“I detest poor people,” thought Amory suddenly. “I hate them for being poor. Poverty may have been beautiful once, but it’s rotten now. It’s the ugliest thing in the world. It’s essentially cleaner to be corrupt and rich than it is to be innocent and poor.” He seemed to see again a figure whose significance had once impressed hima well-dressed young man gazing from a club window on Fifth Avenue and saying something to his companion with a look of utter disgust. Probably, thought Amory, what he said was: “My God! Aren’t people horrible!” Never before in his life had Amory considered poor people. He thought cynically how completely he was lacking in all human sympathy. O. Henry had found in these people romance, pathos, love, hateAmory saw only coarseness, physical filth, and stupidity. He made no self-accusations: never any more did he reproach himself for feelings that were natural and sincere. He accepted all his reactions as a part of him, unchangeable, unmoral. This problem of poverty transformed, magnified, attached to some grander, more dignified attitude might some day even be his problem; at present it roused only his profound distaste. He walked over to Fifth Avenue, dodging the blind, black menace of umbrellas, and standing in front of Delmonico’s hailed an auto-bus. Buttoning his coat closely around him he climbed to the roof, where he rode in solitary state through the thin, persistent rain, stung into alertness by the cool moisture perpetually reborn on his cheek.Somewhere in his mind a conversation began, rather resumed its place in his attention. It was composed not of two voices, but of one, which acted alike as questioner and answerer:

Question.Well, what’s the situation?

Answer.That I have about twenty-four dollars to my name.

Q.You have the Lake Geneva estate.

A.But I intend to keep it.

Q.Can you live?

A.I can’t imagine not being able to. People make money in books and I’ve found that I can always do the things that people do in books. Really they are the only things I can do. Q.Be definite.

A.I don’t know what I’ll donor have I much curiosity. To-morrow I’m going to leave New York for good. It’s a bad town unless you’re on top of it.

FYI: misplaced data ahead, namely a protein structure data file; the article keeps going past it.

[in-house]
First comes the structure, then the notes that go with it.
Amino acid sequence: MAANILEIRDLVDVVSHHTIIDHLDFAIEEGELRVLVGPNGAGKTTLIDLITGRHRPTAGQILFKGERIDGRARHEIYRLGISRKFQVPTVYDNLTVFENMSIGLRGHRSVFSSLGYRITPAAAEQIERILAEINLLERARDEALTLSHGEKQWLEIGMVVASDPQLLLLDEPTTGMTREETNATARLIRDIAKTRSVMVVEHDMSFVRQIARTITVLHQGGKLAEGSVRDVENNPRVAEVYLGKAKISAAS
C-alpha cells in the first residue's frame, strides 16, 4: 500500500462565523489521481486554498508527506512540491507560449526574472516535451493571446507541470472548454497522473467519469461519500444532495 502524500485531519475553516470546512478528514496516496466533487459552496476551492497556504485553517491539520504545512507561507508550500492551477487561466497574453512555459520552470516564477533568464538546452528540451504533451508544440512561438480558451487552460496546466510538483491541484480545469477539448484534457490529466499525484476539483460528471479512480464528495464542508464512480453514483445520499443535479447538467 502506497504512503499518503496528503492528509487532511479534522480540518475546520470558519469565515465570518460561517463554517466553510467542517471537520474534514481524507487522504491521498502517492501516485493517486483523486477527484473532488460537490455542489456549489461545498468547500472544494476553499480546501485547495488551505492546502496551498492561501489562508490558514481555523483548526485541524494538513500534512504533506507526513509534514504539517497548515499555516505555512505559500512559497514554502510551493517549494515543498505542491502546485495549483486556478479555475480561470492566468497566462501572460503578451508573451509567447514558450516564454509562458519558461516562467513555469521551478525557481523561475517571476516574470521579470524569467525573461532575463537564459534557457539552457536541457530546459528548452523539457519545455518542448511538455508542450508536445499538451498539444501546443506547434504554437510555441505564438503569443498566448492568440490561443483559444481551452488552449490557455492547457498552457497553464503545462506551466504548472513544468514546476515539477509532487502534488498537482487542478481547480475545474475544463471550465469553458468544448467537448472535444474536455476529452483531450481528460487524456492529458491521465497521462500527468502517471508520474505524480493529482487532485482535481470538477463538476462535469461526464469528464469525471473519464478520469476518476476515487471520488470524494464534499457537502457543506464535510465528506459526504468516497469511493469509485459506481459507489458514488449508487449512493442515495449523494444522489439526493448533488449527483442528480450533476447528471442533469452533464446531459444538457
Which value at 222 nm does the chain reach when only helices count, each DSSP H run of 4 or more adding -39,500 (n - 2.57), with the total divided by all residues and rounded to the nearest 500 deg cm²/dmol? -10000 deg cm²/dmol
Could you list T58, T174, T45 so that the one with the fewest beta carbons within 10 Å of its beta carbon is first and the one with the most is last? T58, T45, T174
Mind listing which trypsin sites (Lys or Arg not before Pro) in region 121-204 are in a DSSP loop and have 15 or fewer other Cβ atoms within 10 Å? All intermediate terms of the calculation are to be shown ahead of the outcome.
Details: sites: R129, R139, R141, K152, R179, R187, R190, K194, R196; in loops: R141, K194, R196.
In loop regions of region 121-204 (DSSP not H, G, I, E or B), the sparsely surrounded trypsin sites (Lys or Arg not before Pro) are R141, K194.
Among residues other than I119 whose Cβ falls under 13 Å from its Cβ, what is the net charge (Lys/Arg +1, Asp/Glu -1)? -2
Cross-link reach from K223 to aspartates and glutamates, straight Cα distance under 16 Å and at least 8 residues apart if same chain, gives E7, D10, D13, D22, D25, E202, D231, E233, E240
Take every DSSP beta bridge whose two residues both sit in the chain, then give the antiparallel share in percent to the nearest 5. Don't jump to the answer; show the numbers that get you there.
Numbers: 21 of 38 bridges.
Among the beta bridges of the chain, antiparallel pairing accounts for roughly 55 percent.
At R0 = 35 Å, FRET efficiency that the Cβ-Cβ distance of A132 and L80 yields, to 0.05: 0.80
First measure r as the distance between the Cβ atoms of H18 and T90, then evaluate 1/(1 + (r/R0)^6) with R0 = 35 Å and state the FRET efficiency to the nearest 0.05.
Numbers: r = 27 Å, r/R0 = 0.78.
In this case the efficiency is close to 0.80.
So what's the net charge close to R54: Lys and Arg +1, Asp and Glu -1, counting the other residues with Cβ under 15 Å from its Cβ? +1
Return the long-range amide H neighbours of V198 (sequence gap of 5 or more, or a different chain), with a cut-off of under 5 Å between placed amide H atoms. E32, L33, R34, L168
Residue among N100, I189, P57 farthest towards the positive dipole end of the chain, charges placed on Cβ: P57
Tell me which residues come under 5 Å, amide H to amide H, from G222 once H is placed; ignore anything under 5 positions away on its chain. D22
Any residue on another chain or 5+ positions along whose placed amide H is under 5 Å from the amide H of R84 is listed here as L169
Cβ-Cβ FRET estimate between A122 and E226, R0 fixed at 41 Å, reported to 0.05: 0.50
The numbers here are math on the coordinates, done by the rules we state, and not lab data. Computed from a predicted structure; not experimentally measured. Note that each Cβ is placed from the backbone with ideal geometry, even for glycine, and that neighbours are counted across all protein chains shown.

Q.Do you want a lot of money?

A.No. I am merely afraid of being poor. Q.Very afraid?

A.Just passively afraid.

Q.Where are you drifting?

A.Don’t ask me!

Q.Don’t you care?

A.Rather. I don’t want to commit moral suicide.

Q.Have you no interests left?

A.None. I’ve no more virtue to lose. Just as a cooling pot gives off heat, so all through youth and adolescence we give off calories of virtue. That’s what’s called ingenuousness.

Q.An interesting idea.

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About alice kwidamozo

I'm the spokesperson for a group of 19-year old French students (8 witches and 1 wizard - Ariane, Arielle, Claire, Delphine, Hélène, Iris, Laure, Marie, Michael) preparing the most selective entrance exam to ''Normale Sup''. This blog is meant to keep a record of some of the discussions we have in our English literature class. And Tom Waits wrote a song about me : http://www.youtube.com/watch?v=aEj-mrwwaxo
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3 Responses to This side of Paradise, F. Scott Fitzgerald, 1920

  1. Pingback: ”It’s essentially cleaner to be corrupt and rich than it is to be innocent and poor.” « alicekwidamozo

  2. Pingback: From every window there are beauties to be seen … « alicekwidamozo

  3. Pingback: Feeling outside (a few more reflections about This side of Paradise) « alicekwidamozo